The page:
I woke up in the wee hours this morning, desperate for the results of the vote. Yes! We won 38-29, with one abstention. The New York Times wrote, “Argentina Legalizes Abortion, a milestone in a conservative region.”
The Argentine Senate debated all day yesterday until dawn today on a bill for the legalization of safe, free and legal abortion. More than 70 legislators gave speeches, pro and con, until 4 a.m. President Alberto Fernández and Vice President Cristina Fernández de Kirchner framed the discussion as a matter of public health. Earlier this month, the House also voted yes to legal, safe, and free abortion, 131-117. A similar bill passed the House in 2018, but failed in the Senate, 38-31. Ni Una Menos, the movement that organized in 2015 to protest violence against women, became a driving force behind the campaign for the legalization of abortion. Other profound changes in Argentina’s cultural and political landscape in recent years include equality in marriage, gender parity, and the rights of homosexuals and transgender people.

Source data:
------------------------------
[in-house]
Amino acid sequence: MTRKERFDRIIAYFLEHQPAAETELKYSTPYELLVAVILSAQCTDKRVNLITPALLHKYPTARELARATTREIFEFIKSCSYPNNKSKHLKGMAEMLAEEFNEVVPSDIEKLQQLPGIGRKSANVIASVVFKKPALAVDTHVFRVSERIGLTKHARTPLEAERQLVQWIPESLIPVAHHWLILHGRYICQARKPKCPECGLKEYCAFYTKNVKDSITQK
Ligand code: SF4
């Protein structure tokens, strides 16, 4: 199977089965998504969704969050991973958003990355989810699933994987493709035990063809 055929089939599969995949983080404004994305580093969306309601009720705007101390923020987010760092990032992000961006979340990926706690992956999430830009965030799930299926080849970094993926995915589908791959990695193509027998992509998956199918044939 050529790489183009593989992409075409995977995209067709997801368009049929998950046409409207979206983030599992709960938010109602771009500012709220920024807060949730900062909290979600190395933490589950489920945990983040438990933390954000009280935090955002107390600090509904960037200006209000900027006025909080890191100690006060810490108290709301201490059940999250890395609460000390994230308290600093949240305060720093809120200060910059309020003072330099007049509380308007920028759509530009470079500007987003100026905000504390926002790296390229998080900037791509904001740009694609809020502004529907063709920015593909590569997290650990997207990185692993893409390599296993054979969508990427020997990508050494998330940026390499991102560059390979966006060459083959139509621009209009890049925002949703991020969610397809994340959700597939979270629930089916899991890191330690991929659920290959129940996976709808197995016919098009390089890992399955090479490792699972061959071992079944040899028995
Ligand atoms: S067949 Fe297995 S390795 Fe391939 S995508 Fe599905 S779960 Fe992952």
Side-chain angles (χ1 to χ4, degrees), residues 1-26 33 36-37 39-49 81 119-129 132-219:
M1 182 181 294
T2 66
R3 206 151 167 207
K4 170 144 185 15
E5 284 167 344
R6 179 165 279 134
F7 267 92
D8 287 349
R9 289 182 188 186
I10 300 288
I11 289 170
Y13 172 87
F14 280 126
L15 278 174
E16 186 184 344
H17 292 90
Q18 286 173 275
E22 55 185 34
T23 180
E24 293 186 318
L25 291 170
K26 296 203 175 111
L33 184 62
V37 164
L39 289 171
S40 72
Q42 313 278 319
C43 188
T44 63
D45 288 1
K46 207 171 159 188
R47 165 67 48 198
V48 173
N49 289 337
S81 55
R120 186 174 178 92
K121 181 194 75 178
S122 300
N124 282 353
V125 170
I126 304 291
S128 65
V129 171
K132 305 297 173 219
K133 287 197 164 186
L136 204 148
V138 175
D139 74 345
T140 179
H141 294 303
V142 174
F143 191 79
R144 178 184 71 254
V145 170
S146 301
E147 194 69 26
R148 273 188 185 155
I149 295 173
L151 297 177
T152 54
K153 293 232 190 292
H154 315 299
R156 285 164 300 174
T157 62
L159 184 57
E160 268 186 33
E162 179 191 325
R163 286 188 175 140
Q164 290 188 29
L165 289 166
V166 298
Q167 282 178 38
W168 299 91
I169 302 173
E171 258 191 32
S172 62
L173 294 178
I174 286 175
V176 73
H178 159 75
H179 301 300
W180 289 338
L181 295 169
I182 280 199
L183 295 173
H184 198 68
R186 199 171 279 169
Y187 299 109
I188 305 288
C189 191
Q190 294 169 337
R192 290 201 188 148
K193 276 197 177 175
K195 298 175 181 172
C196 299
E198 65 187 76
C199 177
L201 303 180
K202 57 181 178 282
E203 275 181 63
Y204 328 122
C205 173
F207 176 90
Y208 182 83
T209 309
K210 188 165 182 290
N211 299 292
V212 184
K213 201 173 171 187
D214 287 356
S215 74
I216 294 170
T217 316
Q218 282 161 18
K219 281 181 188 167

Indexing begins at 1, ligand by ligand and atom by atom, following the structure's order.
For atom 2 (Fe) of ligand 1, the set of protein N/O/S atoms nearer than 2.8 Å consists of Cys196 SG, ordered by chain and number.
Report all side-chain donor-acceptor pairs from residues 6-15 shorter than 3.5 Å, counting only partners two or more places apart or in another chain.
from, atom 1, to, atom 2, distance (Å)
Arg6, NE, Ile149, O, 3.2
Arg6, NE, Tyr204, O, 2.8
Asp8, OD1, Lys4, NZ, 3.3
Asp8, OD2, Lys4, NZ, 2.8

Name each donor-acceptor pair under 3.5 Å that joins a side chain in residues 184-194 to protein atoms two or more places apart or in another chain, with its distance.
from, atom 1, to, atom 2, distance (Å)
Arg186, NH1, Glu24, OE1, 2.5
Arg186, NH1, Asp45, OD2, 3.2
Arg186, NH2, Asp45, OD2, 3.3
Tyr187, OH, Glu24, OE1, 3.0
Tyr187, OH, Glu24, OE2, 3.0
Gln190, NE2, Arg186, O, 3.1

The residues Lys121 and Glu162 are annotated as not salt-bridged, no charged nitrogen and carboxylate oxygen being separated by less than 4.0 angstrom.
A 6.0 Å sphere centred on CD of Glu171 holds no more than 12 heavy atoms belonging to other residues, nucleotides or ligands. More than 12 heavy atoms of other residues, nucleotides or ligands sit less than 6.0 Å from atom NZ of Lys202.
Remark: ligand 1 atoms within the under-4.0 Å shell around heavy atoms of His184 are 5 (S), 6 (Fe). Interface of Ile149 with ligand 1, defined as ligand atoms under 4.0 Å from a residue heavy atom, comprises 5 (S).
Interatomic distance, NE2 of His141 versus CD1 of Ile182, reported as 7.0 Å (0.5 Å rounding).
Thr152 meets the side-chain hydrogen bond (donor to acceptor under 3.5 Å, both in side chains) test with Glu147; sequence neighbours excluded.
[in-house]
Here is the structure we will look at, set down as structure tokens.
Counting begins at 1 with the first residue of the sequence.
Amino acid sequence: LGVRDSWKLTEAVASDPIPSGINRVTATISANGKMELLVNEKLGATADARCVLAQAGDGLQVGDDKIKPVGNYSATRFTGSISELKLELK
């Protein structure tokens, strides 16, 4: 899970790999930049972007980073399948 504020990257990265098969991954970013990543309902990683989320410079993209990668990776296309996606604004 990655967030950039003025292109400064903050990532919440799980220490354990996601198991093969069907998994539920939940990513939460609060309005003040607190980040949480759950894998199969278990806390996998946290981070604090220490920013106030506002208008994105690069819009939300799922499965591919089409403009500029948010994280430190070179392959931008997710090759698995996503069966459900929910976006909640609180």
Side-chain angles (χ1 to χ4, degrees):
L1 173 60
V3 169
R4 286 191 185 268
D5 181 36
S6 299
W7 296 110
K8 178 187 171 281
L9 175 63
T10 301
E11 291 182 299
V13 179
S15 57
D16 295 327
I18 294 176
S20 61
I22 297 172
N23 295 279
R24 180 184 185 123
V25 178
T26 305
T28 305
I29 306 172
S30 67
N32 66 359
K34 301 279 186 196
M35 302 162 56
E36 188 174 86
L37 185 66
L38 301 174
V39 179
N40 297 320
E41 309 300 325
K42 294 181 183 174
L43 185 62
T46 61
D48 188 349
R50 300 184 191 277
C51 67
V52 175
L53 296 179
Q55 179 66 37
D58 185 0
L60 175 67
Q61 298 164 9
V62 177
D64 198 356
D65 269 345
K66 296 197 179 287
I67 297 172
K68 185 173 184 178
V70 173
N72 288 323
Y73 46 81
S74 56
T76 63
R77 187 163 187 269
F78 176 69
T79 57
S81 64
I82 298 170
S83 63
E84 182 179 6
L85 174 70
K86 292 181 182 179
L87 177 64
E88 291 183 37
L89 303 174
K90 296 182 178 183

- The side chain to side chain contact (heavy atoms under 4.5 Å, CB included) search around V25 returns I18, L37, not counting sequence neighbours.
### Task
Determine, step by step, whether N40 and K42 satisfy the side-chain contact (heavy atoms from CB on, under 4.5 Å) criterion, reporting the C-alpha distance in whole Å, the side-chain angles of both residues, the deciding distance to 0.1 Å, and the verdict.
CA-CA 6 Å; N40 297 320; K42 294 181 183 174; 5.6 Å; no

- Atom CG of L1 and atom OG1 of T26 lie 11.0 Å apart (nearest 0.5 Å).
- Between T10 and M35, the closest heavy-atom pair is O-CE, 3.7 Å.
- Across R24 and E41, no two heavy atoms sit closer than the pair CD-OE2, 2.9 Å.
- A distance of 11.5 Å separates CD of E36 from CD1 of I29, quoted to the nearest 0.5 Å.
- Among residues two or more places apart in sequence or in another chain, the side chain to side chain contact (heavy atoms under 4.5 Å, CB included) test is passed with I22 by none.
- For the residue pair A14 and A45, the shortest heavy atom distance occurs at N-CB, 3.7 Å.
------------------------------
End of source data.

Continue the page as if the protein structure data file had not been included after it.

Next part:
Yesterday was a very hot and humid day in Buenos Aires. Hundreds of women gathered in front of Congress with their flags and green scarves, and they stayed until the vote was over. The symbol of the movement is a broken clothes hanger on a green background.
The Pope has said that abortion is not a religious issue but a human one.
Women’s rights are Human rights. The rights of women to legal, safe and free abortion is now law. We are the fifth Latin American country that has legalized abortion, joining Mexico, Cuba, Guyana and Uruguay. Clandestine abortion has always been the leading cause of maternal death in Argentina. The new law guarantees legal, safe and free abortion up to the fourteenth week of pregnancy. After 14 weeks, an abortion is allowed if the health of the mother or baby is at risk. President Alberto Fernández and VP Cristina Fernández de Kirchner have made women’s rights a central issue of this presidency. Together they have scored a momentous victory for Argentina. A sad day, perhaps, for the Catholic Church and the Evangelicals. Too bad, so sad. But Pope Francis doesn’t seem to be too disturbed. Argentina has finally come out of the shadows.
Over and Out from Buenos Aires.